Today marks the beginning of the Week of Prayer for Christian Unity – the week leading up to the Day of Pentecost which we sometimes call the birthday of the Church.
Having been committed to the ecumenical movement for many years I am familiar with the sentiments we seek to address during this week.
On the one hand there is room for some remorse over the history of division and exclusion that we have all been part of over the centuries. Yet, on the other hand there is much to celebrate as we have found more and more opportunities to act in unity with our Christian brothers and sisters.
But it is hard.
I was reading up a little about the history of the Christianisation of the Nubian Kingdom many centuries ago. Some suggest that the Christianity reached the ancient Kingdom of Makuria during the first century AD and this is plausible in context of the spread of Christianity into a near neighbour – Ethiopia.
A few centuries later during the 6th Century, however, we seem to have records of a Byzantine Queen Theodora determining to send missionaries to the Kingdom – but she got involved in a race with another group to get there first. A missionary sent by Emperor Justinian, and representing the true Orthodox Church tried to get there first and failed.
These two competing expressions of Christianity were born out of the Credal Councils of the Church and divided over the divine nature of Jesus. The Nicene Creed affirmed that he was fully human and fully divine, but Queen Theodora and her church friends believed that Jesus was always and only fully divine – they were called Monophytes.
Alas, a century further on the Arabs invaded and tried to force Islam on the Nubian people – some areas resisted for a thousand years but others converted – but they did not forget their Christian heritage.
The Missionary movement of the 19th Century very largely concentrated its activities in what we now call South Sudan, but their work revived the church in the Nuba regions.
It is sad that the missionary movement replicated the denominational divisions of Europe which were largely meaningless to the Sudanese people – but there you go.
Part of the problem for the church in South Sudan is that the dioceses are based on ethnic tribal groupings of people – which is a way of ensuring a bishop will be recognised by all in that diocese. Culturally, they are unable to accept diversity within the church. That might help you understand why there is still so much strife in South Sudan even though they were given their independence a few years ago.
It seems that divisiveness is almost instinctive to us – yet the prayer of Jesus in John 17 is a call to us all in the church to be really counter-cultural. It calls us to act against our instincts. It calls us to go against all our cultural norms.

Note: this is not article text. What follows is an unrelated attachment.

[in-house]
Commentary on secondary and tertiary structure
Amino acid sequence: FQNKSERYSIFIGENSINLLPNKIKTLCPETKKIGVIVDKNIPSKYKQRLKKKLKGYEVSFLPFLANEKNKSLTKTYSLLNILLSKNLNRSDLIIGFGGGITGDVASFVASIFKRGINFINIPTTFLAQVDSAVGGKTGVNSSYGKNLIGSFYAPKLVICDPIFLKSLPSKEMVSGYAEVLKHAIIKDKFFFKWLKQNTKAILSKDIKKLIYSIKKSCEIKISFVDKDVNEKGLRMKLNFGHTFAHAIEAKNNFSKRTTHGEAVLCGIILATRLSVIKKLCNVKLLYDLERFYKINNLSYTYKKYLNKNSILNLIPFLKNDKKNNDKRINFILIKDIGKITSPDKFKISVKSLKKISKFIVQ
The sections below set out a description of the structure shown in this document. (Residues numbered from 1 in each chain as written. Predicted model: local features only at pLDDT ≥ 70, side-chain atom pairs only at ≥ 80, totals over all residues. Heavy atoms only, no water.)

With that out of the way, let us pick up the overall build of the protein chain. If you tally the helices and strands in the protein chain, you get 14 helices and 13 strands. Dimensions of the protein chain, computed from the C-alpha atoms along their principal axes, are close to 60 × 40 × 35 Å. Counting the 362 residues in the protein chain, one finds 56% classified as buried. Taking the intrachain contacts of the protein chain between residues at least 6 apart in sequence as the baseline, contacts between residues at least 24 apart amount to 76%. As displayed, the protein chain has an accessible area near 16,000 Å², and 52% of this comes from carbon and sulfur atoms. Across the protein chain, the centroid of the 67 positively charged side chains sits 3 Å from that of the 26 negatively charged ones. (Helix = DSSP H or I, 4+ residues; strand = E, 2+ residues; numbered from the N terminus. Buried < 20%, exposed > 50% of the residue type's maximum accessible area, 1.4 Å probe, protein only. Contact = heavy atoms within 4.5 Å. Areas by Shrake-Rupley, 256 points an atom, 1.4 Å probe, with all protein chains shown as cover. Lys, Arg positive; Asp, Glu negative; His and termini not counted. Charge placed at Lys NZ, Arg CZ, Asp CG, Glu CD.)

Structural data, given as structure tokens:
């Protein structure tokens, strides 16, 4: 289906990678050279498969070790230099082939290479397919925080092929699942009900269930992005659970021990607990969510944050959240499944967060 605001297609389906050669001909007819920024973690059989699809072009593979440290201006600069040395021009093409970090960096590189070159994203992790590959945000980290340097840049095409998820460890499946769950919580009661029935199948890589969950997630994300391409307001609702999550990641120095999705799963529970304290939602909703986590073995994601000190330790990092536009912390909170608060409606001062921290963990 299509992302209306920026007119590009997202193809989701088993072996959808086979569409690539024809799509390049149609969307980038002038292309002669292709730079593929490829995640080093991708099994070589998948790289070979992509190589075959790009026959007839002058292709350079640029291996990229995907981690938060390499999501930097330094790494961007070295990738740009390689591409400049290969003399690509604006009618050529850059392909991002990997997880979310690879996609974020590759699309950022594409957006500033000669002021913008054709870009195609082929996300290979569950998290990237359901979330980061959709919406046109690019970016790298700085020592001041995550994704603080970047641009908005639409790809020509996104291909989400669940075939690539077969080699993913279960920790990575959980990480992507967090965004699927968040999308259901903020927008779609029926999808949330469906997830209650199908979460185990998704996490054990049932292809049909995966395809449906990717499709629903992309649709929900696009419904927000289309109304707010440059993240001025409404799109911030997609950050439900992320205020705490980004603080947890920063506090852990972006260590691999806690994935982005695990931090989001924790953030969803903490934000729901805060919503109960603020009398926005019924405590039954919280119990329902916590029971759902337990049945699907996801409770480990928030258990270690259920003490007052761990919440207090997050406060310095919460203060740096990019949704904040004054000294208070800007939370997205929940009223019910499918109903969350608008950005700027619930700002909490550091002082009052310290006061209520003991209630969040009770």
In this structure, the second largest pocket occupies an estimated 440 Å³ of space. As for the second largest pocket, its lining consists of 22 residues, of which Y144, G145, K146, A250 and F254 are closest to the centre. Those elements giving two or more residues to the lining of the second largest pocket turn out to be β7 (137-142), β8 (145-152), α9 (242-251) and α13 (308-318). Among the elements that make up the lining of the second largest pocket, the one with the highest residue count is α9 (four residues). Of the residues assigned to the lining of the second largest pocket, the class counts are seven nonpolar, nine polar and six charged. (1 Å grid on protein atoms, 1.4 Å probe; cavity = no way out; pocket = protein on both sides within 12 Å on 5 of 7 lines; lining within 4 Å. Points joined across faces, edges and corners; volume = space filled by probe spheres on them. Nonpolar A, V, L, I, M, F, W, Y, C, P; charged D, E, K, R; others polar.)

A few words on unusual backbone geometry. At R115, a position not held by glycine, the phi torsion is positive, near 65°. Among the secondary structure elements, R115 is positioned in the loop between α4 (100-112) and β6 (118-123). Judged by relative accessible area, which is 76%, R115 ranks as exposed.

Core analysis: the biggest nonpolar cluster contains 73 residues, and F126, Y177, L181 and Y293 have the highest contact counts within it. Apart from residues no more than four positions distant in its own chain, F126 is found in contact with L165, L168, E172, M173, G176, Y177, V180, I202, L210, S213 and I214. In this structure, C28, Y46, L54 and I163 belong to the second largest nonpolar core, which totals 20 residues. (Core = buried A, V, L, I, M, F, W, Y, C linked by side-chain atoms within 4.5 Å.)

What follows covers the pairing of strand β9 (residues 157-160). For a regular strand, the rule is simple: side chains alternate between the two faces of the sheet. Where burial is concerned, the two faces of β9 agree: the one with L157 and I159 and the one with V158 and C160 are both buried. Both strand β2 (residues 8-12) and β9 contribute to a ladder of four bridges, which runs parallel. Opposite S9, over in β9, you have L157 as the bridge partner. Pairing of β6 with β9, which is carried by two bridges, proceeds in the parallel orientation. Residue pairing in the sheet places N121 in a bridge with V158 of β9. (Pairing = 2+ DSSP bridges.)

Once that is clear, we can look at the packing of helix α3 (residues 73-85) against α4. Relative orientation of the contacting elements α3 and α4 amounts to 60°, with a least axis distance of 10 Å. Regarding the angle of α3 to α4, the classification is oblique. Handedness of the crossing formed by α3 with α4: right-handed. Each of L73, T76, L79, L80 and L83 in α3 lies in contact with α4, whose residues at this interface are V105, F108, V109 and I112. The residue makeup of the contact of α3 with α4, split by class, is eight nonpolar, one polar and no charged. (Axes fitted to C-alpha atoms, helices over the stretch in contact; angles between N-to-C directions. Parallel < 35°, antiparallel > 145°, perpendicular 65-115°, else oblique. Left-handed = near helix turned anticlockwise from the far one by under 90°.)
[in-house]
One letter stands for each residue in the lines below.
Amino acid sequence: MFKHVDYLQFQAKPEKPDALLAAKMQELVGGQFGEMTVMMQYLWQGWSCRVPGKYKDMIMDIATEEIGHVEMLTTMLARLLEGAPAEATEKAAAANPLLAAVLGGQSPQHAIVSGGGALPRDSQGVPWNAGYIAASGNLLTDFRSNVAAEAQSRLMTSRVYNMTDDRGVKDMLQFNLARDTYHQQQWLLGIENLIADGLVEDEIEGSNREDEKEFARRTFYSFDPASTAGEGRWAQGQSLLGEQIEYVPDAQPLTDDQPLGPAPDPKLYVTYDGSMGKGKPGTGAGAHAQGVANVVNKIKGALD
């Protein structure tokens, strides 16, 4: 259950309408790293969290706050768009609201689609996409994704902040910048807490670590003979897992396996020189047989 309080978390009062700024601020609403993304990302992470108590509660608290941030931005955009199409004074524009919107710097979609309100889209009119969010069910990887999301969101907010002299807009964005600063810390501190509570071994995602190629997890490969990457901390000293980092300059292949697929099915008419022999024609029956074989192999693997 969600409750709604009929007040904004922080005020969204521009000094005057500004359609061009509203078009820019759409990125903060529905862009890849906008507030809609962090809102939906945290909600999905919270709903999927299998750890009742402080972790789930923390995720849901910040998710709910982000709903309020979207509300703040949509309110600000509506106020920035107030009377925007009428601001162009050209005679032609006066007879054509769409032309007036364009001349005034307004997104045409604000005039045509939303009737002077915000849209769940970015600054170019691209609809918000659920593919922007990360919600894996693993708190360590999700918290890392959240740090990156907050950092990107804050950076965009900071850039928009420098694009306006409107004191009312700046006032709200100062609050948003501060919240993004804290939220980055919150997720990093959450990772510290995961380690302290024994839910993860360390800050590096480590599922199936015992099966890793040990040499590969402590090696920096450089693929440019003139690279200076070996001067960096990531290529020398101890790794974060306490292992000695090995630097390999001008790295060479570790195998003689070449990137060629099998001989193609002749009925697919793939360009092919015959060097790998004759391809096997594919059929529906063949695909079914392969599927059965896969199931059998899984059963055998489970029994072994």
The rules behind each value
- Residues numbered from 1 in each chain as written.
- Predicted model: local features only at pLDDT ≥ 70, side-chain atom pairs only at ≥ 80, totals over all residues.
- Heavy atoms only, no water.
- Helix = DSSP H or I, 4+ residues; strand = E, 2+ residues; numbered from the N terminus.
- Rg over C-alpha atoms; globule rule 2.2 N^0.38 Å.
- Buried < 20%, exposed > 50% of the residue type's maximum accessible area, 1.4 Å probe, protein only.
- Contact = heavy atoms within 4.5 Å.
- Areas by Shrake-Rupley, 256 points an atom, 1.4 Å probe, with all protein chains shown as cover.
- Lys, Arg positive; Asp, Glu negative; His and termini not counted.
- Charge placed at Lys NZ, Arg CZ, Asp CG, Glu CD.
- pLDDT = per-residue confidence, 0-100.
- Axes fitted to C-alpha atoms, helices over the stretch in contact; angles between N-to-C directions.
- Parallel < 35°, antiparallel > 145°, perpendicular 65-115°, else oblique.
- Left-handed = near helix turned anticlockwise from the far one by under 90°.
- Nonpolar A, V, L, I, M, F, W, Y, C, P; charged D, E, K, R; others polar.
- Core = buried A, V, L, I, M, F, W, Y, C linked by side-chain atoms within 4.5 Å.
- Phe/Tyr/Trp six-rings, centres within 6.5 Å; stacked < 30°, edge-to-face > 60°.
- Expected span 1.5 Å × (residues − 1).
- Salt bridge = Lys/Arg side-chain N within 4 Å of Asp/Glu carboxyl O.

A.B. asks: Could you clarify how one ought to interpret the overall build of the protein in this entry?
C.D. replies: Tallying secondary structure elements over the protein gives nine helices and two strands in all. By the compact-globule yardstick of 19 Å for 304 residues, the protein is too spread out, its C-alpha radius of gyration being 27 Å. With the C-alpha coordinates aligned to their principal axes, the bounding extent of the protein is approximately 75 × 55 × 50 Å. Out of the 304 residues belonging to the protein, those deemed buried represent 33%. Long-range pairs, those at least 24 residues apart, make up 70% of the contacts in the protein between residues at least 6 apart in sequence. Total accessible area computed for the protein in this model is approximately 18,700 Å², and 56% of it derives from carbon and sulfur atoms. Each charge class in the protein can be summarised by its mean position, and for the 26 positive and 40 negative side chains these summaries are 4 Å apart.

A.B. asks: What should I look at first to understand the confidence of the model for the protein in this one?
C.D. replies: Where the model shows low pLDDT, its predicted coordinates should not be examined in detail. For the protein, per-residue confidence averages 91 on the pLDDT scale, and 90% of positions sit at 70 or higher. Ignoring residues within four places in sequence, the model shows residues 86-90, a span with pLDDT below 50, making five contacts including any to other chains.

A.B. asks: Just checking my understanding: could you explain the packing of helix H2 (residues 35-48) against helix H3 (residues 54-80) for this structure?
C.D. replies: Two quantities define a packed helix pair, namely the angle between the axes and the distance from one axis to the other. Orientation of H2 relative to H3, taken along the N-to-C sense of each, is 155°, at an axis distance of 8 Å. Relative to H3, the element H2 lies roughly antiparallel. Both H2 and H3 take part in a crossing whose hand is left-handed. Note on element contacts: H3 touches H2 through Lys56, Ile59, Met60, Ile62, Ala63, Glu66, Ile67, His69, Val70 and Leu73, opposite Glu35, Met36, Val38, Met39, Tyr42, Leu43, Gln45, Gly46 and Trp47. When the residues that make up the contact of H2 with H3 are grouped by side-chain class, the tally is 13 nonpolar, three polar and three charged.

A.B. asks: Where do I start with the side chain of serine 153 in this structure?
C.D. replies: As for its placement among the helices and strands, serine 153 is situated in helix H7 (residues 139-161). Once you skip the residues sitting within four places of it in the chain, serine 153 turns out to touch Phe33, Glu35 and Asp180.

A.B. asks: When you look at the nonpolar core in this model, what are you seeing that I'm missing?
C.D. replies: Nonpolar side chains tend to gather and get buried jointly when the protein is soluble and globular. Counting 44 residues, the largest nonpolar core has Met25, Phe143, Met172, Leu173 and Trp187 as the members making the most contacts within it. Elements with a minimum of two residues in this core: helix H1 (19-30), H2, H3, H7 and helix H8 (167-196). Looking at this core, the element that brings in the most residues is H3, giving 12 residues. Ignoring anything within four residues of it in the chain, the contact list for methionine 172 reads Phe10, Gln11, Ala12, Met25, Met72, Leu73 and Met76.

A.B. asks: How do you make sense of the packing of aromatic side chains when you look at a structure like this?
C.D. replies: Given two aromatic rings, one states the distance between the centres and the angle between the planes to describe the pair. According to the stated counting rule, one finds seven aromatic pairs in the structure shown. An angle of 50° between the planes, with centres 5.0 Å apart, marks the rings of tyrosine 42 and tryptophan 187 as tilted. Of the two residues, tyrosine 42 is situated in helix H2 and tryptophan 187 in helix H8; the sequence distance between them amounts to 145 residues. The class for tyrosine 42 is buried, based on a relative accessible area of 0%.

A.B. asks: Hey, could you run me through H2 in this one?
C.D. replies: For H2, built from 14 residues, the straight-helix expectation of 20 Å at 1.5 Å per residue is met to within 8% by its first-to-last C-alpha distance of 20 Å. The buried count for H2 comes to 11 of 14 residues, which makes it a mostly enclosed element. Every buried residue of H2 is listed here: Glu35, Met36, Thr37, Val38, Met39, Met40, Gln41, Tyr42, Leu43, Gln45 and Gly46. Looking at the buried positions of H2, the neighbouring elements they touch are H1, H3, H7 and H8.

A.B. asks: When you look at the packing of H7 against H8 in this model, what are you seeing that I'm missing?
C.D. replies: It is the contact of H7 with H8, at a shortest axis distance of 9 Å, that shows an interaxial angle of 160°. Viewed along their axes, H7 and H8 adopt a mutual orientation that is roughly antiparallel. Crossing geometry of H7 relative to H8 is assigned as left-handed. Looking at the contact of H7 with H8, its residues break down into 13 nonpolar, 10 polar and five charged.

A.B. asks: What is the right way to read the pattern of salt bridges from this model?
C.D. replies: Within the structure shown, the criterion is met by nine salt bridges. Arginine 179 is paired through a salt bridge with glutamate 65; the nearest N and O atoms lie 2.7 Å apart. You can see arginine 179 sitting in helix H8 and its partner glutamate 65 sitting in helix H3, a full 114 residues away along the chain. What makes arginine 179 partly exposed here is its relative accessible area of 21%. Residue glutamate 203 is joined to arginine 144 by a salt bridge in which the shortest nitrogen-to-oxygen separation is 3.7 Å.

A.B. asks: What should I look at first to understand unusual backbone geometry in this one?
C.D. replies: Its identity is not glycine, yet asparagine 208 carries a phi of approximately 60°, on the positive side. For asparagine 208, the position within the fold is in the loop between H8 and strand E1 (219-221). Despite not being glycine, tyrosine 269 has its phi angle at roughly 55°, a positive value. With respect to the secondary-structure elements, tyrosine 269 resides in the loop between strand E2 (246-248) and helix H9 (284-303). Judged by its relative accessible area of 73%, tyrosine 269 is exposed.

So, how do we need to change in order to live this way?
In our study this week of Marcus’ Borg’s book, The Heart of Christianity, we gave some consideration to this idea. We were talking about being Christian in a world that is pluralistic – where there are not just other religions, but many different ways of being Christian.
Some people over the years have been very cautious about the work of the World Council of Churches. They have somehow gotten the idea that the goal of the Council is to create a single homogeneous church which, of course, might mean we have to change a bit. What Borg and the Council of Churches seem to get is that rather than trying to find some small areas which we hold in common and work together on the basis of that, we should be so self-contained in our confidence about the faith we have that we can celebrate the different faith that others have without feeling like we are compromising our faith. If we can confidently celebrate our diversity then we will be able to demonstrate the Unity of Spirit that Jesus is praying for.
This is not a case of putting aside any of the things we hold dear – rather it simply involves allowing others to do the faith differently than we do.
It is a way of saying that God and Jesus are too big for any one church to say it all. If we can grasp this then we can celebrate those other Christians we might work with because when they are added to us we might actually be getting closer to all that God wants us to be.
So often in the Church we think one of our primary tasks is guarding the doors – checking up on who gets in and does not. That is what our Creeds and Statements of Faith are about. We use these to decide if someone can be included in our definition of what it means to be a Christian. Somehow, when I consider the teachings of Jesus, I think God isn’t like that nor does God want us to be like that.
Our starting point should be that everyone is IN.
When we are IN and together like that, and when we seek to explore how we should be practicing the Christian life together – the things that we should be doing in Jesus’ name – then we will find far more people on the inside than if we had tried to keep them out at the door.
Jesus says very clearly that our WORK is to live in Jesus – to abide in him – in just the same way that Jesus abides in God the Father. As we all live in this close and intimate relationship with Jesus, even though we might do the outward practices of our faith and order in the church differently, we will become the answer to Jesus’ prayer.